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 and Delivery of High Quality Cancer Care in Essex"
NHS Essex Cancer Network

Stomach Cancer

About

Stomach cancer, or gastric cancer, is a fairly uncommon type of cancer. Around 7,000 people are diagnosed with it each year in the UK.

The initial symptoms of stomach cancer are vague and easy to mistake for other less serious conditions. They include:

Symptoms of advanced stomach cancer can include:

  • blood in your stools, or black stools
  • loss of appetite
  • weight loss

As the early symptoms of stomach cancer are similar to those of many other conditions, the cancer is often advanced by the time it's diagnosed. It's therefore important to get any possible symptoms of stomach cancer checked by your GP as soon as possible.

Read more about diagnosing stomach cancer.

Who's affected

The exact cause of stomach cancer is still unclear, although you're more likely to develop it if you:

  • are male
  • are 55 years of age or older
  • smoke
  • have a diet low in fibre and high in processed food or red meat
  • have a diet that contains a lot of salted and pickled foods
  • have a stomach infection caused by Helicobacter pylori (H. pylori) bacteria 

Read more about the causes of stomach cancer.

Types of stomach cancer

There are several different types of stomach cancer. More than 95% of stomach cancers develop in the cells of the stomach lining and are known as adenocarcinomas.

Less common types of stomach cancer include lymphoma of the stomach, which develops in the lymphatic tissue (tissue that drains away fluid and helps fight infection), and gastrointestinal stromal tumours (GISTs), which develop in the muscle or connective tissue of the stomach wall.

How stomach cancer is treated

Many cases of stomach cancer can't be completely cured, but it's still possible to relieve symptoms and improve quality of life using chemotherapy and in some cases radiotherapy and surgery.

If operable, surgery can cure stomach cancer as long as all of the cancerous tissue can be removed.

Surgery to remove some or all of the stomach is known as a gastrectomy. It will still be possible to eat normally after a gastrectomy, but you'll probably have to adjust the size of your portions. 

Chemotherapy can also be used before surgery to help shrink the tumour and sometimes after surgery to help prevent the cancer returning.

Read more about treating stomach cancer.

Living with stomach cancer

Living with stomach cancer and the effects of surgery can be tough, but there are a range of services that can provide social, psychological and financial support.

Read more about living with stomach cancer.

Outlook

The outlook for stomach cancer depends on several factors, including your age, your general health, and how far the cancer has spread (the stage of the condition).

Unfortunately, as stomach cancer isn't often picked up until the later stages, the outlook isn't as good as for some other cancers. Of all those with stomach cancer, about:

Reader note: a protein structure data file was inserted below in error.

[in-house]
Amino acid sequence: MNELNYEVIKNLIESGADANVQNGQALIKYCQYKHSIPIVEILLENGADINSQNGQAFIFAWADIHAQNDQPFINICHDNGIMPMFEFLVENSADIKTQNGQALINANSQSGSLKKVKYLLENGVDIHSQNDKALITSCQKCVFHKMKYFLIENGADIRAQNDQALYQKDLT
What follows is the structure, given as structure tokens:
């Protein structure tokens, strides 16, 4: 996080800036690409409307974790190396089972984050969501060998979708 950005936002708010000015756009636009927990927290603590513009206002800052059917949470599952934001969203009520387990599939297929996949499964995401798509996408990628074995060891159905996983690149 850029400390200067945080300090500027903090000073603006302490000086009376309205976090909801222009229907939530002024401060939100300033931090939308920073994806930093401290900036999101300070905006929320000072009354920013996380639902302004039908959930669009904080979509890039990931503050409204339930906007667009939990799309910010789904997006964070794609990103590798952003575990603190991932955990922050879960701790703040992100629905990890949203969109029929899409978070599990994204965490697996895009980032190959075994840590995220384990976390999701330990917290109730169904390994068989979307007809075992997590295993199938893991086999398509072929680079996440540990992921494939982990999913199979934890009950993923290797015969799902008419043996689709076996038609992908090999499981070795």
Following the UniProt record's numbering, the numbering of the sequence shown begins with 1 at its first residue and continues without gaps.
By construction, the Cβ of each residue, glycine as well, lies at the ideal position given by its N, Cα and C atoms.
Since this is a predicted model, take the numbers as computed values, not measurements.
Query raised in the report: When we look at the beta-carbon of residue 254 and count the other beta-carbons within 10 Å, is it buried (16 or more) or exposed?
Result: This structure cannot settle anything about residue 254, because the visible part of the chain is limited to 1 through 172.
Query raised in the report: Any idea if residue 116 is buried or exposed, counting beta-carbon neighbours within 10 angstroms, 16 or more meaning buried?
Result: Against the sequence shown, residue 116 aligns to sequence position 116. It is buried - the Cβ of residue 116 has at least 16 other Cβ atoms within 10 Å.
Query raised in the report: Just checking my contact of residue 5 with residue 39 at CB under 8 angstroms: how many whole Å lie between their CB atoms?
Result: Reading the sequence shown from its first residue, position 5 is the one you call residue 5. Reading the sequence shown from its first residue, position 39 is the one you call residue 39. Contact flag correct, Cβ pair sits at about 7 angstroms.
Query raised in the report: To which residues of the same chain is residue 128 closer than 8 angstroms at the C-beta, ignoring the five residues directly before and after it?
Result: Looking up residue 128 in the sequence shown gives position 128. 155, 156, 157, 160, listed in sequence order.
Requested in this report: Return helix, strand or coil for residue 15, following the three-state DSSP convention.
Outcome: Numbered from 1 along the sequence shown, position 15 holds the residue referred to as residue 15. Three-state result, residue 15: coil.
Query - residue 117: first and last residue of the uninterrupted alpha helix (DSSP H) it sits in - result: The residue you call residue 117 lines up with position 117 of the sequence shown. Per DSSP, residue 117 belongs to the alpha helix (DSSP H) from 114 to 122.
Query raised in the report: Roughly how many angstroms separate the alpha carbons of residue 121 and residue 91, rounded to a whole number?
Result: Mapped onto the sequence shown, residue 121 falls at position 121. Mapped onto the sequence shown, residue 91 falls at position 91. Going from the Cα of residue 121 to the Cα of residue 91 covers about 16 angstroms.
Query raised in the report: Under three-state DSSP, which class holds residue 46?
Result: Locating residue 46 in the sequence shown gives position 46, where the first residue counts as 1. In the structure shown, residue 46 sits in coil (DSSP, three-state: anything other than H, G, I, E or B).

• 42 out of 100 people (42%) will live for at least one year after diagnosis
  • 19 out of 100 people (19%) will live for at least five years after diagnosis
  • 15 out of every 100 people (15%) will live for at least 10 years after diagnosis

In the UK, around 5,000 people die from stomach cancer each year.

Further information on stomach cancer

Information Prescription Service

To access the Information Prescription Service and the national cancer information pathway for stomach cancer please click on the link below. Then click on 'Specialist information from our charity partners'

www.nhs.uk

Macmillan Cancer Support Website

www.macmillan.org.uk

Cancer Research UK Website

www.cancerresearchuk.org

Further Information

Visit or phone a local cancer information centre

There are several cancer information and support centres in Essex Cancer Network where anyone affected by cancer can be sure of a warm welcome and high quality, accurate, evidence-based information:

Basildon Hospital Macmillan Info and Support Centre, Outpatients Dept, Basildon Hospital, staffed Monday 2pm - Friday 12.30pm,tel: 0845 155 3111 extension 4908

Macmillan Info and Support Centre,Essex County Hospital, Outpatients Dept, Monday - Friday office hours, tel: 01206 747474

Information Resource Service, St Luke's House, Corringham,Thurrock, Monday to Friday office hours, tel: 01375 648170

Lantern Suite, Farleigh Hospice,Chelmsford, Monday to Friday office hours, tel: 01245 457418

Hospice Outreach Project Information Bus, Farleigh Hospice, covers the Chelmsford area. Contact Farleigh Hospice as above

For more information, please contact the service direct.

 

Visit your local library in Essex Cancer Network

Essex, Southend and Thurrock library services have worked in partnership with Macmillan Cancer Support and the Essex Cancer Network to establish collections of quality assured information books and pamphlets about cancer. These can be accessed at any library: just ask. Additionally some staff at libraries have been trained to help patients use the Information Prescription Service.

Contact Macmillan Cancer Support Helplines

If you have any questions about cancer, need support or just someone to talk to, call free, Monday to Friday 9am - 8pm (interpretation service available) tel: 0808 808 0000

For financial queries tel: 0808 808 2232

 

Remember: Stay safe online when looking for support!

Internet chat rooms and message forums can be valuable sources of support and comfort, enabling you to meet others in the same position. However, there is potential for abuse - please read these guidelines before you set off to explore...

Click here to download the draft guidelines

 

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